Admiral Kurt W. Tidd is the Commander of U.S. Southern Command (DOD) of the U.S. Air Force (DOD)
JFQ: We last featured U.S. Southern Command [USSOUTHCOM] in 2006, and it seems that a number of issues remain the same, although others have emerged. How does USSOUTHCOM fit into the new National Military Strategy?
Admiral Kurt W. Tidd: The new National Military Strategy exists as a result of some fundamental changes in the geopolitical landscape. Leaving the Joint Staff and going to USSOUTHCOM, I had the benefit of spending several years listening as both General [Martin E.] Dempsey and then General [Joseph F.] Dunford began to develop this strategy, particularly General Dunford. The National Military Strategy focuses on multidomain security challenges that are now global security challenges. It provides a useful intellectual organizing construct by going to a regional geographic command and thinking through the role of a geographic combatant command as a member of an enterprise.
That gave us a useful way at USSOUTHCOM to move away from stovepiping regionally and instead considering what is going on around the world in relation to the region. As we thought about it, it became apparent that if Russia is worth paying attention to, we must not just pay attention to their actions in the Middle East, Europe, and Ukraine; we should pay attention to them globally. The reality is that Russia is active all across the USSOUTHCOM region, as is China, as is Iran . . . and evidently so are the violent extremist organizations, so the plus one. I don’t want to try to overstretch the intellectual model, and so I think that periodically we do see some weapons proliferators on some North Korean–flagged merchant vessels, but they are not a big player in this theater. So, we’ve got three-plus-one instead of the four-plus-one scenario.
When you think about USSOUTHCOM, you immediately think drugs. Nobody doubts that illicit drug-trafficking coming largely from this region is a scourge on American society. But when you try to think from a military perspective, and then from a national security perspective, you realize there are multitudes of illicit commodities trafficked. The one that we pay attention to right now in the United States happens to be cocaine because of the sheer volume and dollar amounts involved, thus the ability for criminals to generate significant finances. But when we look at the security situation in Latin America and the Caribbean, for instance, it’s not the commodity that is responsible for the insecurity. Instead, it’s a manifestation of the insecurity, it’s a source, it’s a generator of income, but it is by no means the only one. Then we simply follow that logic: If we could wave our hand and cocaine disappeared overnight, we would still have security challenges in this part of the world. Why is that? It’s because of threat networks—transnational transregional threat networks—that are the real underlying security challenge in these areas.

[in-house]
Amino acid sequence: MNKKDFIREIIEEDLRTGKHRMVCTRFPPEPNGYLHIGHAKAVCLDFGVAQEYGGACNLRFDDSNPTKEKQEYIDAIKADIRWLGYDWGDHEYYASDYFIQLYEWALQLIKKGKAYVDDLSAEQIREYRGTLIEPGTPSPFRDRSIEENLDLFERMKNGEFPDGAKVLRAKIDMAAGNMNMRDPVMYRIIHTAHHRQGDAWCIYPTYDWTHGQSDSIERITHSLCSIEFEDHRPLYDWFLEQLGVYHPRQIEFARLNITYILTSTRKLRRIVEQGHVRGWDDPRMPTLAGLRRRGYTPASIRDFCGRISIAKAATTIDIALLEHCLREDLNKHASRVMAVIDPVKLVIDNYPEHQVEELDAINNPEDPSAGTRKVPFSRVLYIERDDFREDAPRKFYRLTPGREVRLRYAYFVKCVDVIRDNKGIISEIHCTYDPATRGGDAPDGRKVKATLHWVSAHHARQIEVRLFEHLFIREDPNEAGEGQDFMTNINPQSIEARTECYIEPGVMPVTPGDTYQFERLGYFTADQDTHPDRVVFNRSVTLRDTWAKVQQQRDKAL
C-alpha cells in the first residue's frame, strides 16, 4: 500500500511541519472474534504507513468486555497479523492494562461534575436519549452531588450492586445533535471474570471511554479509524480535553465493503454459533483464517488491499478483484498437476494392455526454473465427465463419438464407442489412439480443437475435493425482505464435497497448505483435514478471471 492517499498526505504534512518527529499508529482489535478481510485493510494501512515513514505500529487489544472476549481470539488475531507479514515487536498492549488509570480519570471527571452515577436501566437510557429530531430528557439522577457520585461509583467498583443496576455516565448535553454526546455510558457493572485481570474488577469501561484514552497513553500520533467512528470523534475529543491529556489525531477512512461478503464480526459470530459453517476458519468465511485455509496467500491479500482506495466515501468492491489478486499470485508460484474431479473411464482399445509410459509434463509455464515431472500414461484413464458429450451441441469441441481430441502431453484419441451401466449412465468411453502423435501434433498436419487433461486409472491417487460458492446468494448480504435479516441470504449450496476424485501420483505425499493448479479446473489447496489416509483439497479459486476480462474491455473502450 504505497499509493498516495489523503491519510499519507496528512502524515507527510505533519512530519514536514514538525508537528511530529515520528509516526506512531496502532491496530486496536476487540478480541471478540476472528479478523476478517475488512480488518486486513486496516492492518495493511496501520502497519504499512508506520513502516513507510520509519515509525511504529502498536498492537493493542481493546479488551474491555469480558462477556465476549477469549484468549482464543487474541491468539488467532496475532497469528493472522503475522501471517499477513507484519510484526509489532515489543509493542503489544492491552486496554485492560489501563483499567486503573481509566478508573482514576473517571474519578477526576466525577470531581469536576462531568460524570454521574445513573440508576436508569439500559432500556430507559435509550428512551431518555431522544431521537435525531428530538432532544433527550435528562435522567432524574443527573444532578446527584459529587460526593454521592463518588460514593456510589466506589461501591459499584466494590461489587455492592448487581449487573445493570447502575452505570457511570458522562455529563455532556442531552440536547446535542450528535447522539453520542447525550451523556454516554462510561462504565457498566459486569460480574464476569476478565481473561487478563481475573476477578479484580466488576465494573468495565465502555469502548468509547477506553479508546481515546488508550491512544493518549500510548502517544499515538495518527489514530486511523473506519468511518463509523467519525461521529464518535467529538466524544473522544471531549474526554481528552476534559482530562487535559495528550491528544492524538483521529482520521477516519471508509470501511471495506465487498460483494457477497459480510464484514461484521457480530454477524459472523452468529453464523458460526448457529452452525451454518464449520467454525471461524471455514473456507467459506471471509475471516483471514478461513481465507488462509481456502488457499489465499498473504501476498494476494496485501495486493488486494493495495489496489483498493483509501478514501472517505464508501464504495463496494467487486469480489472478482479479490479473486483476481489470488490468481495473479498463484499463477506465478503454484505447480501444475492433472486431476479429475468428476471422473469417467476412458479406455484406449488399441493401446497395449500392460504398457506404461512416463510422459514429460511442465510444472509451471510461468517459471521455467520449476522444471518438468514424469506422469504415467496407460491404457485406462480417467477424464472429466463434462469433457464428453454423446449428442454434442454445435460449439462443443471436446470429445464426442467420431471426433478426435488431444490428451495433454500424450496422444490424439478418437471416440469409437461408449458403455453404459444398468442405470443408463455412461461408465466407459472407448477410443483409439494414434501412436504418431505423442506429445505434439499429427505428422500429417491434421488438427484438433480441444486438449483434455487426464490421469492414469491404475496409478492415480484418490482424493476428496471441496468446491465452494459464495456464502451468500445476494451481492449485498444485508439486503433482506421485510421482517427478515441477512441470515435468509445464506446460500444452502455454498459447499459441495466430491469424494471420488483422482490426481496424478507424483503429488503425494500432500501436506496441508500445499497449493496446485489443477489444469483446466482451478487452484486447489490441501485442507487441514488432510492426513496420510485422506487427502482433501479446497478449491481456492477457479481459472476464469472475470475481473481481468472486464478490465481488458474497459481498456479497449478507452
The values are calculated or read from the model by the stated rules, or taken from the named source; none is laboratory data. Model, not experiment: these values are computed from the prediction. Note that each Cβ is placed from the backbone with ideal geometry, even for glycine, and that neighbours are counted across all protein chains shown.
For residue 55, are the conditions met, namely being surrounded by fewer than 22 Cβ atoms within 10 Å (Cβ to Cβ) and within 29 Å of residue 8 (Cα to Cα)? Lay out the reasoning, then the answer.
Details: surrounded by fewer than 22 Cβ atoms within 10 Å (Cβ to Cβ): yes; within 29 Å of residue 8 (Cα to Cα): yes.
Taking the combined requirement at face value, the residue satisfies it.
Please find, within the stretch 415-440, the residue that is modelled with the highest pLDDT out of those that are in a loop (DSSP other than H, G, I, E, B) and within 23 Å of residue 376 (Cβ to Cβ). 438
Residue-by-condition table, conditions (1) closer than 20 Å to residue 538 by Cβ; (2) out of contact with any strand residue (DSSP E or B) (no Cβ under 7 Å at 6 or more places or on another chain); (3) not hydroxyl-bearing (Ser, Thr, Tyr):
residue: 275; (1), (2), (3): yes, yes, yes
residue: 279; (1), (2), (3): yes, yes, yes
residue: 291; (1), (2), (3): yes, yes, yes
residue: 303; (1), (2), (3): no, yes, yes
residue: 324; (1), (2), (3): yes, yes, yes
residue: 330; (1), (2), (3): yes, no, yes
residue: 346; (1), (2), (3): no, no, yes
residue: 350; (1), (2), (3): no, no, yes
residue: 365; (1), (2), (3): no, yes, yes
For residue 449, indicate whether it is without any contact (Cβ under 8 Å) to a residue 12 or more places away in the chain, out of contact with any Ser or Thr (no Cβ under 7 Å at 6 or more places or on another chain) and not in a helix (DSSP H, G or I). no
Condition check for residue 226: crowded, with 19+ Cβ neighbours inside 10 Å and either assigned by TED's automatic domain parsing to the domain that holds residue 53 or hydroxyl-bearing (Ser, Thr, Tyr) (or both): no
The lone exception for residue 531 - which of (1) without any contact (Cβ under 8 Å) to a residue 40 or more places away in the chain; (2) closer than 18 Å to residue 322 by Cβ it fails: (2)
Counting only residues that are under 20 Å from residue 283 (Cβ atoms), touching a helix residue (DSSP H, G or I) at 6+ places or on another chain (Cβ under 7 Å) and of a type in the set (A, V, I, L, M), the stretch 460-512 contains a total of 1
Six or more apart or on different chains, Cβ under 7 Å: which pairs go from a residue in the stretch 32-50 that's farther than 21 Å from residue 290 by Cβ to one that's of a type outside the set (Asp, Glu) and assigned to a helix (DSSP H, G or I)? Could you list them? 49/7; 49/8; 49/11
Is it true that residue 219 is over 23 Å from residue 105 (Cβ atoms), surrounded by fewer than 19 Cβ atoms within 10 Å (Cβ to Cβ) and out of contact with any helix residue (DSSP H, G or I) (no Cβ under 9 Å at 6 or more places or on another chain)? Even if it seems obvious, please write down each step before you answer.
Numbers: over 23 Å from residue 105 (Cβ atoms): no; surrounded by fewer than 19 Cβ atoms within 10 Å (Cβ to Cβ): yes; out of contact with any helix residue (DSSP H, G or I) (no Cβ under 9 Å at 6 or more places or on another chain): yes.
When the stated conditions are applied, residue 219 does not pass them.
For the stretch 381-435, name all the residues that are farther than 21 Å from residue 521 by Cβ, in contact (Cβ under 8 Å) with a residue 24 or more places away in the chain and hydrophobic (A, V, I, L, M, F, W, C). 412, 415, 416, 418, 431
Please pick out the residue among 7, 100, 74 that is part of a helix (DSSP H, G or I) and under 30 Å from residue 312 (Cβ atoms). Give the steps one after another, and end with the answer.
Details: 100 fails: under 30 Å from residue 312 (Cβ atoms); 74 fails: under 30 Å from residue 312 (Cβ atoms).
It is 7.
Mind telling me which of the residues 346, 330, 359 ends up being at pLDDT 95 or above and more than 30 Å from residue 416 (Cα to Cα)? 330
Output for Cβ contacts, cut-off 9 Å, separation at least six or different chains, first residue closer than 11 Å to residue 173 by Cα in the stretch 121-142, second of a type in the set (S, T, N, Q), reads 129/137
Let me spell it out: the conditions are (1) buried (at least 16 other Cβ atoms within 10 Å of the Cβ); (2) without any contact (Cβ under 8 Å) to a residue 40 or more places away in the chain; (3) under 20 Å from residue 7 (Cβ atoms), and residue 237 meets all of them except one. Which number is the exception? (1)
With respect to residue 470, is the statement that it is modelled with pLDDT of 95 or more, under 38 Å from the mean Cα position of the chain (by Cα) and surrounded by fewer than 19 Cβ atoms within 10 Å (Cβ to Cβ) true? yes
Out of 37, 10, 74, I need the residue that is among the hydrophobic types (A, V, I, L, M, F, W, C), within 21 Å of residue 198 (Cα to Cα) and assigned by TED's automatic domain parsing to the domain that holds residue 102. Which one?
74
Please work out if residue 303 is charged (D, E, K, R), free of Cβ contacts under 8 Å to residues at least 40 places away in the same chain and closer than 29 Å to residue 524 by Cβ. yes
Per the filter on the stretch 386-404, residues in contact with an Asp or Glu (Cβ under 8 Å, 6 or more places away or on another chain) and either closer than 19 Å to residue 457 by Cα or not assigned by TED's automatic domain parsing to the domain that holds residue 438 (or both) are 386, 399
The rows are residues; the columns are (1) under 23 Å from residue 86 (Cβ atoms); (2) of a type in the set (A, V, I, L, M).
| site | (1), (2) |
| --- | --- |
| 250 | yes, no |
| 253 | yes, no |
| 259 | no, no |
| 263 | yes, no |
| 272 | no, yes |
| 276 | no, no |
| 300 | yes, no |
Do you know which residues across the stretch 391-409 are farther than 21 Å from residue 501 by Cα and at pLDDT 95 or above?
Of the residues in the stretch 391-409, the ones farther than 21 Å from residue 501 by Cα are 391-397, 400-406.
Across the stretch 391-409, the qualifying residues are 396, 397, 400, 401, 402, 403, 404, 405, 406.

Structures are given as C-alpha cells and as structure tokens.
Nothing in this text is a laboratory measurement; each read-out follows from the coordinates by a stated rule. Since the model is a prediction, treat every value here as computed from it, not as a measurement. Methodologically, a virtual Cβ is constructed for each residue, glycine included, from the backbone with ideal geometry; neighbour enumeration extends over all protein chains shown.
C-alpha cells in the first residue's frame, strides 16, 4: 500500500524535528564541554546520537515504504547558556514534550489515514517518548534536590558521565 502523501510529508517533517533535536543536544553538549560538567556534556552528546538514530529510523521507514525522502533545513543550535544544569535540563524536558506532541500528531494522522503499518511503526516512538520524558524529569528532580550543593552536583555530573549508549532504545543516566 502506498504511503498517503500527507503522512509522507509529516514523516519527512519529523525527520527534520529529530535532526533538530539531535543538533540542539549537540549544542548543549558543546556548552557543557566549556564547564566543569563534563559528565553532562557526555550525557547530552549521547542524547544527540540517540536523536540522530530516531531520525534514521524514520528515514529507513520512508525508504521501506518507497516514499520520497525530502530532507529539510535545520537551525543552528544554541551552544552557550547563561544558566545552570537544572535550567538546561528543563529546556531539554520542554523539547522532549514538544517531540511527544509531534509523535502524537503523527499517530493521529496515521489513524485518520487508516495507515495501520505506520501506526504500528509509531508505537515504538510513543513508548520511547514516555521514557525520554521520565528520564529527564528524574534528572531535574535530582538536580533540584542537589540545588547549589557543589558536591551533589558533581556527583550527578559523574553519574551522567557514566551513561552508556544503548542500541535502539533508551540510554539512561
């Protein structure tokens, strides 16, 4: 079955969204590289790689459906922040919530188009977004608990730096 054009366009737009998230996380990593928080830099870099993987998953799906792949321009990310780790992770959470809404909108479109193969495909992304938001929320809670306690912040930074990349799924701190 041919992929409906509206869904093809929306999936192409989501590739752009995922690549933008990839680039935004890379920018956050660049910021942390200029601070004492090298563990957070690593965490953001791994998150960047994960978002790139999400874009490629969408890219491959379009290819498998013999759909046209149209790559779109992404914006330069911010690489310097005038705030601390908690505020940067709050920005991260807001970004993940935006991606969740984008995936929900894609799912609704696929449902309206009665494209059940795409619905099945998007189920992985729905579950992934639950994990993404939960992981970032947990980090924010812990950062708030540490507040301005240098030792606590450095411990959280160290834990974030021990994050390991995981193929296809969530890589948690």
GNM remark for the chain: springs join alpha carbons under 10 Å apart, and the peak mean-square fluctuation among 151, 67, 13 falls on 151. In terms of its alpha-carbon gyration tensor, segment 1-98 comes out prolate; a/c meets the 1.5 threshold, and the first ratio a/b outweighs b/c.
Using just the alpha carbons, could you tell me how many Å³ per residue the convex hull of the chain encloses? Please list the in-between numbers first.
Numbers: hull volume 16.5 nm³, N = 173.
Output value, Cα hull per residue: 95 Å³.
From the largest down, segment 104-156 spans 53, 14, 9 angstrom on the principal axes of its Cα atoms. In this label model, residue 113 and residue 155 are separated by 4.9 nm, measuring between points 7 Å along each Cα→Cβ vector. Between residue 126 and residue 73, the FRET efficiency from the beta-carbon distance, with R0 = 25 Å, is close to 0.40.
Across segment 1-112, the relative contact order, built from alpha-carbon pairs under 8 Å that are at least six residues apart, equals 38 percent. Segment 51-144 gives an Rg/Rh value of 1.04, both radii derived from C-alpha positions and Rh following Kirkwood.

We then begin to look at the spectrum of threat networks and note that they run from purely economically motivated criminal networks to purely ideologically motivated terrorist networks. And the more we study them, the more we realize that there is this intermingling and interweaving of the two, and so they are not pristine; that is, neither exclusively criminal nor exclusively terrorist. We’ve got plenty of examples. Hizballah is the classic case-in-point of a terrorist network that routinely engages in criminal activity to raise funds for its terrorist activities in another part of the world. We are well aware of instances where we’ve had criminal networks that may be wittingly or unwittingly supporting terrorist networks either to move or to generate income or to do other sorts of things. So, we find that like all networks, if we take a network-view of these problem, we find lots of overlaps, lots of intermingling, lots of nodes where they occupy the same space, and it runs the spectrum of corrupt government officials; it may be money-launderers or traffickers in forged documents. From a strategic perspective of a theater commander, if we take a look at it through this network lens, I think that provides a much clearer view of what they’re doing and how they threaten security. We find, too often, that before we thought these networks were a product of the insecurity, but in reality, they are responsible for much of the insecurity in the way that they both prey on society, undermine and suborn governance, and corrupt officials.